Repeal Prop 8 March in Los Angeles

On Saturday I participated in the nationwide protest against the passing of Proposition 8.   I’m not a fan of the initiative process.   I think it leads to the tyranny of the majority that our Republic was designed to avoid.   And we could argue all day about that, but most of the Civil Rights that were secured in the 20th Century were not by popular vote, but by court cases and legislation that was designed to protect minority rights.

So I’m bringing it back to the outlaw lovers that were my parents and Barack Obama’s parents, and anyone of “mixed race” whose parents were together before 1967.   Procreation is not the primary function of love, nor marriage.   But marriage is certainly a nice symbol and structure to nourish love and a family.

The “mulatto moment” for me Saturday was the echo in the story of a woman, born of a lesbian mother, but raised by two fathers, committed for over 35 years, yet just married this September.   She spoke of the normalcy and security of her family, yet also of the existential invisibility.   It reminded me of the days when I was expected to pick one, when asked for race or ethnicity.   And her ability to share her experience resonated with the gift I feel I’ve been able to use by moving in a black world or white world with an implicit acceptance.   The idea of that “gift” got me excited about Barack Obama initially. I decided I needed to vote for him when I saw this so fully articulated in his speech on race.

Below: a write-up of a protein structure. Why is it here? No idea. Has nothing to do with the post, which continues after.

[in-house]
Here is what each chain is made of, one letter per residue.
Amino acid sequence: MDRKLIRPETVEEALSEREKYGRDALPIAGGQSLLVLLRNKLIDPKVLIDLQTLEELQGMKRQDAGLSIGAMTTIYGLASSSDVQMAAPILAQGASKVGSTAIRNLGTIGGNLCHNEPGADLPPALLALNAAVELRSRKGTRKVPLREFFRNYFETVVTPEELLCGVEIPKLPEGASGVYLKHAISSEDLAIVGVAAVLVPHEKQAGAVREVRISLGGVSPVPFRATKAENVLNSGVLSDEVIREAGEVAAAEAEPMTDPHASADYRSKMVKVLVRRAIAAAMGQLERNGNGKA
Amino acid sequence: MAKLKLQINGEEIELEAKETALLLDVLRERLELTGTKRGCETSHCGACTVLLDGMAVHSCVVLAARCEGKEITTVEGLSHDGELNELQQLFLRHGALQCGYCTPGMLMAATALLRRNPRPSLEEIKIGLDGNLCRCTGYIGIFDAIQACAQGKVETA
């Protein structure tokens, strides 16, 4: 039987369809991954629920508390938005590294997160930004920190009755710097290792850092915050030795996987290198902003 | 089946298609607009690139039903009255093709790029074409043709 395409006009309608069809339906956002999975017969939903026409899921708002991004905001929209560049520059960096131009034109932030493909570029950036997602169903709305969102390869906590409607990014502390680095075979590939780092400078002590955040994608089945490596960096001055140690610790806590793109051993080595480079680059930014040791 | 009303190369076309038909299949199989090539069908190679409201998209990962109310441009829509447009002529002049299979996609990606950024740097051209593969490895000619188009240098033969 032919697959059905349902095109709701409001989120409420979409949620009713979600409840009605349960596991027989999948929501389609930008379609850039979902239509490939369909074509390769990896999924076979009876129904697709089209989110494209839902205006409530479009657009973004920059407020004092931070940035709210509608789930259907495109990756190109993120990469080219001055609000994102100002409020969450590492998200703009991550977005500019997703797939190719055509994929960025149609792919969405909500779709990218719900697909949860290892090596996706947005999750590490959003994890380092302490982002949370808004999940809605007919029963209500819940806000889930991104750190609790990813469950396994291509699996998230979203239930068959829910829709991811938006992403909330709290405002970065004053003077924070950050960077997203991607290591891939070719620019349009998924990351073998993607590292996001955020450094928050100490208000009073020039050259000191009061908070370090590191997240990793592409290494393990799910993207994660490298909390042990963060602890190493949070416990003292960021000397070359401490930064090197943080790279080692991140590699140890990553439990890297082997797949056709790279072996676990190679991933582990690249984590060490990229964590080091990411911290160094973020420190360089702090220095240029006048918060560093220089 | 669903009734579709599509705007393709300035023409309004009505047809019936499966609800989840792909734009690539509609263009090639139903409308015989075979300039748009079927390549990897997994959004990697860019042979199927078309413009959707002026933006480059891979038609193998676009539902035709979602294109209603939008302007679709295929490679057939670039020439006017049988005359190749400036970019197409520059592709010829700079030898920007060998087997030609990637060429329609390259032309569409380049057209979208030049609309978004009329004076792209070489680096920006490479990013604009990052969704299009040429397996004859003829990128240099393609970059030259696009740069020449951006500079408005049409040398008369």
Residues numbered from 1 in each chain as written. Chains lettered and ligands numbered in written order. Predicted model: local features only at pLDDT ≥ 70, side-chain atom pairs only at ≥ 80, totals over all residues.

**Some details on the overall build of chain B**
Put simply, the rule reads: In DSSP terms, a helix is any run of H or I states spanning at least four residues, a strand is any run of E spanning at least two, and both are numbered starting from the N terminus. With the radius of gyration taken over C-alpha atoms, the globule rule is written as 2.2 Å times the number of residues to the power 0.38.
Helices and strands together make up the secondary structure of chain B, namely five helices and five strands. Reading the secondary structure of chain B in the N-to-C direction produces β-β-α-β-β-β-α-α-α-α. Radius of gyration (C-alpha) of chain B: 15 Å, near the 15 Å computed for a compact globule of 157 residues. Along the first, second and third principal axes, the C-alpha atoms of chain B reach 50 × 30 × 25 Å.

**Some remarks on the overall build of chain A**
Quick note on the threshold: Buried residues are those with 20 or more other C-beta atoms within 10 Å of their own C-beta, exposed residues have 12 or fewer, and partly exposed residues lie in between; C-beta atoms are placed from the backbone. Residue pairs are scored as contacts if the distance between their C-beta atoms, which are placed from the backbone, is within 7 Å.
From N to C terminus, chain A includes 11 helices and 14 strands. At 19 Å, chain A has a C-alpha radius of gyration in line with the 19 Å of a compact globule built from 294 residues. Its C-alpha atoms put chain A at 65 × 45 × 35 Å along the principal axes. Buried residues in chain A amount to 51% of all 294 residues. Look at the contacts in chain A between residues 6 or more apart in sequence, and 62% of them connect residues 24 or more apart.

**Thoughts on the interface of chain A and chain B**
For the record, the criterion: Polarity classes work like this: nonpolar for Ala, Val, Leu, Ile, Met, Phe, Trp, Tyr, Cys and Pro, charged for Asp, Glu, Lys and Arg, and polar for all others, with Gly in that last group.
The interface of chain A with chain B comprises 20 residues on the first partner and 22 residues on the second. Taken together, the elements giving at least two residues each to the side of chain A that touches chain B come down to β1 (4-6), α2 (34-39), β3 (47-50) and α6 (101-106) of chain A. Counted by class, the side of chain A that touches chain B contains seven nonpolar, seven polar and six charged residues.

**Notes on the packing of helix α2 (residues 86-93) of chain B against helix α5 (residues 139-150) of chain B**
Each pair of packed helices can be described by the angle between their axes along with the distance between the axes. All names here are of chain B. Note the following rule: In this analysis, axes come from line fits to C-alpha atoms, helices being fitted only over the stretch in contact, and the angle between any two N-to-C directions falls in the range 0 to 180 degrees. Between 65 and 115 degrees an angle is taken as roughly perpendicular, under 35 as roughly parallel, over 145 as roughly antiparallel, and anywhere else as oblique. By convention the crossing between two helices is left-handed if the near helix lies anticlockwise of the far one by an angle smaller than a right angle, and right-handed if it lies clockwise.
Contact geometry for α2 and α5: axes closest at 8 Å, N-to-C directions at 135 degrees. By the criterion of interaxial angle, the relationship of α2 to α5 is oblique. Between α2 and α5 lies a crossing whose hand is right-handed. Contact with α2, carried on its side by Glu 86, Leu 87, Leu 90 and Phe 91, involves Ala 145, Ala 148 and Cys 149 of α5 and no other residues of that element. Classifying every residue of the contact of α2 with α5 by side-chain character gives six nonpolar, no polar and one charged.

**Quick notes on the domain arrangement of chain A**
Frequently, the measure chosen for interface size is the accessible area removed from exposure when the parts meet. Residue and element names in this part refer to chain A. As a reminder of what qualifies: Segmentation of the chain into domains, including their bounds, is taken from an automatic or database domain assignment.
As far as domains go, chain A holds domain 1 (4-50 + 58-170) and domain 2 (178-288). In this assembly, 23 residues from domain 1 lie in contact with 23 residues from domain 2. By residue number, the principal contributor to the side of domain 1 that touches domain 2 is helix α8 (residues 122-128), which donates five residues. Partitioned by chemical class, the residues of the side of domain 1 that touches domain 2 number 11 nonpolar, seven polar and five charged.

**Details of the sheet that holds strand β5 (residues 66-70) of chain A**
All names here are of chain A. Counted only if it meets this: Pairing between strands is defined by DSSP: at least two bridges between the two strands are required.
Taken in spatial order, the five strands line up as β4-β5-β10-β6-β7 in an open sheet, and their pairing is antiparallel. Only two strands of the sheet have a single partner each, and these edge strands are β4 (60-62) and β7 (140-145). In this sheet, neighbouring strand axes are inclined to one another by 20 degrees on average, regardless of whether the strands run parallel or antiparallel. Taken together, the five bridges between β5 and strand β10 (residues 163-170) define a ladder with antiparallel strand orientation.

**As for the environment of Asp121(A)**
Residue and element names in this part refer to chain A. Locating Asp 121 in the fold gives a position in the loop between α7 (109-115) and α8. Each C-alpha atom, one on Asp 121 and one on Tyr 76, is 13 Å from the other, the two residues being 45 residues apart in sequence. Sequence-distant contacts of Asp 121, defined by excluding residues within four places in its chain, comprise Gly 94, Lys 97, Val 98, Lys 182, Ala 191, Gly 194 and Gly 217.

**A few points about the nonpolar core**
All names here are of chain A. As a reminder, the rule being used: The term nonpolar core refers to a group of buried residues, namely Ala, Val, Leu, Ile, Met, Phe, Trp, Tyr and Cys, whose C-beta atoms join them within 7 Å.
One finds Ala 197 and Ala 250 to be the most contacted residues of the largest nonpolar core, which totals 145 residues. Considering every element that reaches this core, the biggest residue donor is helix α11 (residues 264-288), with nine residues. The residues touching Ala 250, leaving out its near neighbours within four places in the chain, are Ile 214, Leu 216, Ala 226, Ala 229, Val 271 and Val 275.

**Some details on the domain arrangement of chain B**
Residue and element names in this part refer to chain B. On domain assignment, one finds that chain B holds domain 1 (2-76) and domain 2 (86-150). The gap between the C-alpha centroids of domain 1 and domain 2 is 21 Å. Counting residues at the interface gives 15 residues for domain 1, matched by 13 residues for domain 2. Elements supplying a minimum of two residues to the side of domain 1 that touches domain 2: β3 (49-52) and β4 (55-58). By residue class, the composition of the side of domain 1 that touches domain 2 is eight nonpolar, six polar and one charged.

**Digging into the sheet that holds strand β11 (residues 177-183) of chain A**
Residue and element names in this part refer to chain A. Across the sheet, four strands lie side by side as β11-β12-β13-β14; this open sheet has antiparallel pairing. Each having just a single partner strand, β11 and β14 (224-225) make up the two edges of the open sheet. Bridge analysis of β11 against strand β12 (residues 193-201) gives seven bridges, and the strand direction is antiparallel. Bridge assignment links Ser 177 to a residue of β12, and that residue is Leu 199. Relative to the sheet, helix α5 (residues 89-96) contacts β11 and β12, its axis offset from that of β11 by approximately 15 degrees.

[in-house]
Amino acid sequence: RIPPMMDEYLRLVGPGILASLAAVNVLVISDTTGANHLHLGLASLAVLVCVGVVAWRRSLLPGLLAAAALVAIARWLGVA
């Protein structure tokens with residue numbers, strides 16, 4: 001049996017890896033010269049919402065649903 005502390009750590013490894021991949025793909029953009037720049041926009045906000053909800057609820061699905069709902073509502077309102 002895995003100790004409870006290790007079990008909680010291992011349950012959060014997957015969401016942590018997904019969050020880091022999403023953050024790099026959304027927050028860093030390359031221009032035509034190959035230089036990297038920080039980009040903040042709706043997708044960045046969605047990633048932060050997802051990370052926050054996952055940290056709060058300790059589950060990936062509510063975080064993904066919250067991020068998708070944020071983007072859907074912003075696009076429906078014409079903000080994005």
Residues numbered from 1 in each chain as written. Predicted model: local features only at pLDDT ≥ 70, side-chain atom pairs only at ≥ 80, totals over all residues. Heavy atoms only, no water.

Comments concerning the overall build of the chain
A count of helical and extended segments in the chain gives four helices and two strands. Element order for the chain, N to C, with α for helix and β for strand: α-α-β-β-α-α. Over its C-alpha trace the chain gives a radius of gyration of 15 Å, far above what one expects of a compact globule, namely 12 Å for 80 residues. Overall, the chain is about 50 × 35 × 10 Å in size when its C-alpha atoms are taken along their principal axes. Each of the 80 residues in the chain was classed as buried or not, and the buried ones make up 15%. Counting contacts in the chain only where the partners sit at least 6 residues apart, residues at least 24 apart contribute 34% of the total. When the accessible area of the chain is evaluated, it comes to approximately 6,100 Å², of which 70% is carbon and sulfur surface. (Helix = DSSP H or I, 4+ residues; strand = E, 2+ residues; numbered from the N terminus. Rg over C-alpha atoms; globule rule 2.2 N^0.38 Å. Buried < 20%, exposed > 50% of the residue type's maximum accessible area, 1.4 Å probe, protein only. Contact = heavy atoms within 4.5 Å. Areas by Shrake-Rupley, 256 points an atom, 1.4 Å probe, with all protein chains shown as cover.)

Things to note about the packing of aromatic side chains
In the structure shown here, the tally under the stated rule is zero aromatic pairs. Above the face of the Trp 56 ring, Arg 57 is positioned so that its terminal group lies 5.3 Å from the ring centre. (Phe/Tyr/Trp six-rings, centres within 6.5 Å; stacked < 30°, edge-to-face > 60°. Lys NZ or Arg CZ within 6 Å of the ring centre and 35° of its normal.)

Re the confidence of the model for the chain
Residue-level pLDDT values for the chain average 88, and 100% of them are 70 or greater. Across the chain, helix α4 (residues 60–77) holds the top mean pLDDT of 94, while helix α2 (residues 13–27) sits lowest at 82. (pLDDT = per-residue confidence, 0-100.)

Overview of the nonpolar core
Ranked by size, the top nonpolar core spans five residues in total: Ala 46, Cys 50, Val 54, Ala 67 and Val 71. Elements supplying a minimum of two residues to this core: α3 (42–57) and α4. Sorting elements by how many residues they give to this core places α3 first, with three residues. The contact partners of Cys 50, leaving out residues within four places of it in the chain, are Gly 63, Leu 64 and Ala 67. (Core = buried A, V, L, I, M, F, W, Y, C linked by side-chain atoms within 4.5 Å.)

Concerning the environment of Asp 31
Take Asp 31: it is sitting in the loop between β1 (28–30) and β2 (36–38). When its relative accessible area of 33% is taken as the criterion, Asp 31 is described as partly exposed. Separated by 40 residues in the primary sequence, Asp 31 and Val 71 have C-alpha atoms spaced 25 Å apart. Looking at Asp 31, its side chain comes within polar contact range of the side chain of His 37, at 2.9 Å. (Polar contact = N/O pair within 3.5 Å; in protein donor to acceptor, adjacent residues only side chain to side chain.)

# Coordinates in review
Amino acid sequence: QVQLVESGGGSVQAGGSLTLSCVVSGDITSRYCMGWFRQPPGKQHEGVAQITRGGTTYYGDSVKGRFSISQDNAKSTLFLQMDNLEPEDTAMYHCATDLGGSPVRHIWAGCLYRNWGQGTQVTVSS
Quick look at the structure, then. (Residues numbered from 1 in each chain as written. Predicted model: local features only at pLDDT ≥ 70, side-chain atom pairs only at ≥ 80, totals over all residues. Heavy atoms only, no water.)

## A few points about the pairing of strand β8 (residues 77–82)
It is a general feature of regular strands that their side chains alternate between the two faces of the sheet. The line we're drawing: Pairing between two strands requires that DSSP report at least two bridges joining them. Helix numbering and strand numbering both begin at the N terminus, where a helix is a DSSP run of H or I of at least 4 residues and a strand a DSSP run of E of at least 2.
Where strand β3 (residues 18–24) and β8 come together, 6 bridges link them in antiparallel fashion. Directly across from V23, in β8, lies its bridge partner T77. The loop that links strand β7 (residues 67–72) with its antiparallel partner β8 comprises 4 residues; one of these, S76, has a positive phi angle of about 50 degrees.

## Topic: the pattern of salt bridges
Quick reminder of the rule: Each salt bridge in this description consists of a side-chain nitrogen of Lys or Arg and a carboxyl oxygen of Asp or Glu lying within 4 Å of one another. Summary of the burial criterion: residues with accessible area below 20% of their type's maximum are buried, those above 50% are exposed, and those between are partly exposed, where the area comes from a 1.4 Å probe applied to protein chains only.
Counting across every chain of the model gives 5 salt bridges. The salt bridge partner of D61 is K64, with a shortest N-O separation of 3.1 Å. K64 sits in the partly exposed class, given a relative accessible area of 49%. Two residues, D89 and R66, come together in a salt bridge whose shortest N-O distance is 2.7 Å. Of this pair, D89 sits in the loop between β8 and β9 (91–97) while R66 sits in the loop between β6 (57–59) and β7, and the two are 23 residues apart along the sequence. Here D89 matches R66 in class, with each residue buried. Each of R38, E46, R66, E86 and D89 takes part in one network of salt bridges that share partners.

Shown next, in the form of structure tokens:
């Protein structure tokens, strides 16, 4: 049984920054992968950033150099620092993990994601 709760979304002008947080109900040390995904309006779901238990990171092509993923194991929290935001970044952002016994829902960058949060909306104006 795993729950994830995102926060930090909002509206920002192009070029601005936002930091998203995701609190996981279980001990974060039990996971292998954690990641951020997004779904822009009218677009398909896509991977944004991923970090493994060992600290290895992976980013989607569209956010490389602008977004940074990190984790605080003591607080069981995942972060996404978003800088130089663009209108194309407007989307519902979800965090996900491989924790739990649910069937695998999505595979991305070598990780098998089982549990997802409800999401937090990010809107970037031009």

The gift of empathy or the ability to listen and communicate with inclusive respect aren’t the sole purview of hyphenates, but we do have to start practicing these things maybe a little earlier than people in a homogeneous home.

Oh, and now I want to start writing about the “mutts like me” joke Obama made in his first press conference.   I loved it!   But, I think I’ll have to leave that for later.

P.S.   I added some photos and captions to my election night entry.   I hope I’ll write more on that sometime soon.

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